Because sometimes the stars align
and fate is kind
and good things happen in a small, quiet way
I was in New York for the first preview of The Good Person of Szechwan, the one with Taylor Mac, whom I've hero-worshipped-from-afar since seeing Comparison is Violence or The Ziggy Stardust Meets Tiny Tim Songbook on my 35th birthday, which made stumbling into the wrong half of my 30s a considerably more gaudy and delightful experience than it had any right to be. I travelled to New York with a suitcase brimming with guilt, and didn't tell anyone I was seeing this X. I'm not even sure I should be writing this, because it feels like so much showing off X (can you tell I'm going through yet another life crisis? Why do I do what I do? What is the point of writing about theatre?) X. A warning: what follows is really gushy. I recommend George Hunka for a similarly enthusiastic but more considered view.
You walk through backstage to get into the auditorium, and how magical that is, because before it even starts you feel as though you're walking through the landscape of the play, an inhabitant within it, especially because the backstage space is scattered with little cardboard houses piled higgledy-piggledy, like in a painting by Klimt. The stage is curtained (stop it, Mark Lawson nemeses) and out front sit three ruffians playing a washboard, a double bass and a silver guitar (although already I have to confess I didn't take notes, so this could have been a banjo or a mandolin: so many details), later joined by a woman in an emerald evening dress. They are the Lisps, and their music is a roughshod-but-glittering skiffle-folk – immediately setting up dichotomies to be explored through the play. On stage there's a steep stepped rake, mirroring the rake of the seating, each ledge with its own trim row of houses, and at the top of the mountain sit the band, as though among the gods, although they're not the gods at all – the Illustrious Ones are played by three wizened women in confirmation dresses, who hobble and creep yet seem as fluttery and fleet as the good fairies in the Disney Sleeping Beauty. Wang, the waterseller, bounds down our side of the mountain to look for them; played by David Turner, he is a cherub with dirt-smudged cheeks and eyes that lie, despite his longing to be good. What Turner conveys brilliantly is the boyishness of Wang's conniving, the innocence beneath his experience of poverty. There is a girlishness, too, about his performance, in the lifts of his heels, the flicks of his ankles, the soft yearning of his voice, that aligns Wang with Shen Tei: the prostitute with the heart of gold, played, oh so perfectly, by Taylor Mac.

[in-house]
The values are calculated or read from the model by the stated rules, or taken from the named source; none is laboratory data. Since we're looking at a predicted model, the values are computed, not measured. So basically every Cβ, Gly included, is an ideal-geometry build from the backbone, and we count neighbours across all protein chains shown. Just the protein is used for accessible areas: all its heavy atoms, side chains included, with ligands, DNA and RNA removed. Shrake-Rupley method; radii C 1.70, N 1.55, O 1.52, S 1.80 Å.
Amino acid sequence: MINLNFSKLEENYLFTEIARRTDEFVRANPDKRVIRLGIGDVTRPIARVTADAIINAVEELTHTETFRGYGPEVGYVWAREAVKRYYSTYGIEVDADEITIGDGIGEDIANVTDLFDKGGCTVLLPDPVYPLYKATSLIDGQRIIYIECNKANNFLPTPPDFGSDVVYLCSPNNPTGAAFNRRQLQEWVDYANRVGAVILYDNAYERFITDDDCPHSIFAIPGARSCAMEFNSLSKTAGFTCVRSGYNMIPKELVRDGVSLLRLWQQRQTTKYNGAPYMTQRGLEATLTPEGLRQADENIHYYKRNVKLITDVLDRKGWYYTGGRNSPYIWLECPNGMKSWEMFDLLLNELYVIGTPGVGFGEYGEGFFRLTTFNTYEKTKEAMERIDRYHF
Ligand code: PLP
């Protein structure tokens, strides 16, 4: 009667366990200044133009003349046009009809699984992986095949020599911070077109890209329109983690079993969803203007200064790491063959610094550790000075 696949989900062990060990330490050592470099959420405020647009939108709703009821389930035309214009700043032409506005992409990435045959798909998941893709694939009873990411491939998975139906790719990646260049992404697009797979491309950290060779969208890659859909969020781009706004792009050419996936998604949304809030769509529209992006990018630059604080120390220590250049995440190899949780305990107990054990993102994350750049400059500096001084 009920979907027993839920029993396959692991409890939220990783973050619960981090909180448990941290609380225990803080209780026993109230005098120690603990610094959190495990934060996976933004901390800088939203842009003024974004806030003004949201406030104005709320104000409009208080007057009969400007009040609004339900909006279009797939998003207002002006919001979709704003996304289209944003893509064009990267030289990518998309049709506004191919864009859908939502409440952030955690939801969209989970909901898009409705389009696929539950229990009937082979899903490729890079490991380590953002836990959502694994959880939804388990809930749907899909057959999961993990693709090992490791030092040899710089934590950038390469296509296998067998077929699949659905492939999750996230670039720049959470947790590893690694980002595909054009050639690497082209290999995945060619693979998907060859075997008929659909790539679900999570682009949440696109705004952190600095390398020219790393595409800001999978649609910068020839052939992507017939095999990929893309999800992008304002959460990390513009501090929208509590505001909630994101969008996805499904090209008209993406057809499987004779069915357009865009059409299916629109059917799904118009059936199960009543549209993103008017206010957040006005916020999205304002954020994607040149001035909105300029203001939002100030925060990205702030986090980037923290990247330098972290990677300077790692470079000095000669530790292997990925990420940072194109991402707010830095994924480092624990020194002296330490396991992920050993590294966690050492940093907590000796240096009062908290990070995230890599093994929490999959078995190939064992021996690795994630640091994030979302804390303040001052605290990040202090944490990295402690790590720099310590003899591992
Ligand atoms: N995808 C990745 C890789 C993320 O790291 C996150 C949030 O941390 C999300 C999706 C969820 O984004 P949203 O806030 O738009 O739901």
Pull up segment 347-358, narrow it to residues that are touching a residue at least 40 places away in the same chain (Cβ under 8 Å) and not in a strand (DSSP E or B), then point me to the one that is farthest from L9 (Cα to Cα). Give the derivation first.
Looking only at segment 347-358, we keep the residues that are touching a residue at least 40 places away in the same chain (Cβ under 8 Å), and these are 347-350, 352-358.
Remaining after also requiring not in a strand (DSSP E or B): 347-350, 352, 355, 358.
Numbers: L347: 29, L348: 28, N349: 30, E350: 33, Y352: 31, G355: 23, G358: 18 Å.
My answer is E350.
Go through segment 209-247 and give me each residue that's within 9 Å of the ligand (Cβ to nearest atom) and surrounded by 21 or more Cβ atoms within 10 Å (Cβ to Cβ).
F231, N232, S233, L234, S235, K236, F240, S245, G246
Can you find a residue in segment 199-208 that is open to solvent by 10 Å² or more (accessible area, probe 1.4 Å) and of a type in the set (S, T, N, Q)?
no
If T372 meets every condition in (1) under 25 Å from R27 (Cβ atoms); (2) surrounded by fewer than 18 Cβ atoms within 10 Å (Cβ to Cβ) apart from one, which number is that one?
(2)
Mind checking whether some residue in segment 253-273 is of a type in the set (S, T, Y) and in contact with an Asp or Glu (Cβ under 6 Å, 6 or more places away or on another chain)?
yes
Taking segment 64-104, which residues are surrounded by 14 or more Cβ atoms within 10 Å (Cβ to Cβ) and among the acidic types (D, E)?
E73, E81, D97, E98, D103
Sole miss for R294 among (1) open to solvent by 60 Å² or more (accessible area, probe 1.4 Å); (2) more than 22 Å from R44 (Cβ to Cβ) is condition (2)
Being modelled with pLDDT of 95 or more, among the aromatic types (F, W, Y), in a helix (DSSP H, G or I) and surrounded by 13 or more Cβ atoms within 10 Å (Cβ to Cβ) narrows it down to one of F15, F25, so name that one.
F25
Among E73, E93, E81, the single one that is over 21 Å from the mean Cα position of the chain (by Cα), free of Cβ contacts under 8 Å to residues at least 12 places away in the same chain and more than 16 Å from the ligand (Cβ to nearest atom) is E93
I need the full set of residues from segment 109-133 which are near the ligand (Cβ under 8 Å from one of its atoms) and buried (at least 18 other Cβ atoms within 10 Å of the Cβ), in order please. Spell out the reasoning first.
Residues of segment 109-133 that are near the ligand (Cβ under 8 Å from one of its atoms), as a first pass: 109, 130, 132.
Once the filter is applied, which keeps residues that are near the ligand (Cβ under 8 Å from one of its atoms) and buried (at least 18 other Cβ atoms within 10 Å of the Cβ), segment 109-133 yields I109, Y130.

No, wait: Taylor Mac didn't seem perfect right away. There was a touch of irony in the performance, a minute distancing of self from character, felt not in the costume – shaved head and gold high heels and a red embroidered floaty gown cut so low that his hairy chest was always exposed: a jarring combination that encouraged you to believe in the character from the inside out, not the outside in – but somewhere in the tone of things. There were moments when he didn't seem to be taking Shen Tei entirely seriously – but then, there were moments early on when the director, Lear deBessonet, didn't seem to be taking the entire play seriously, encouraging her actors towards stiltedness, cartoon excess, the grotesque. About 30 minutes in, however, something in me clicked: this is a play of diametric extremes, and in embracing that deBessonet is better able to illuminate the subtlety, complexity and pain that exists between them.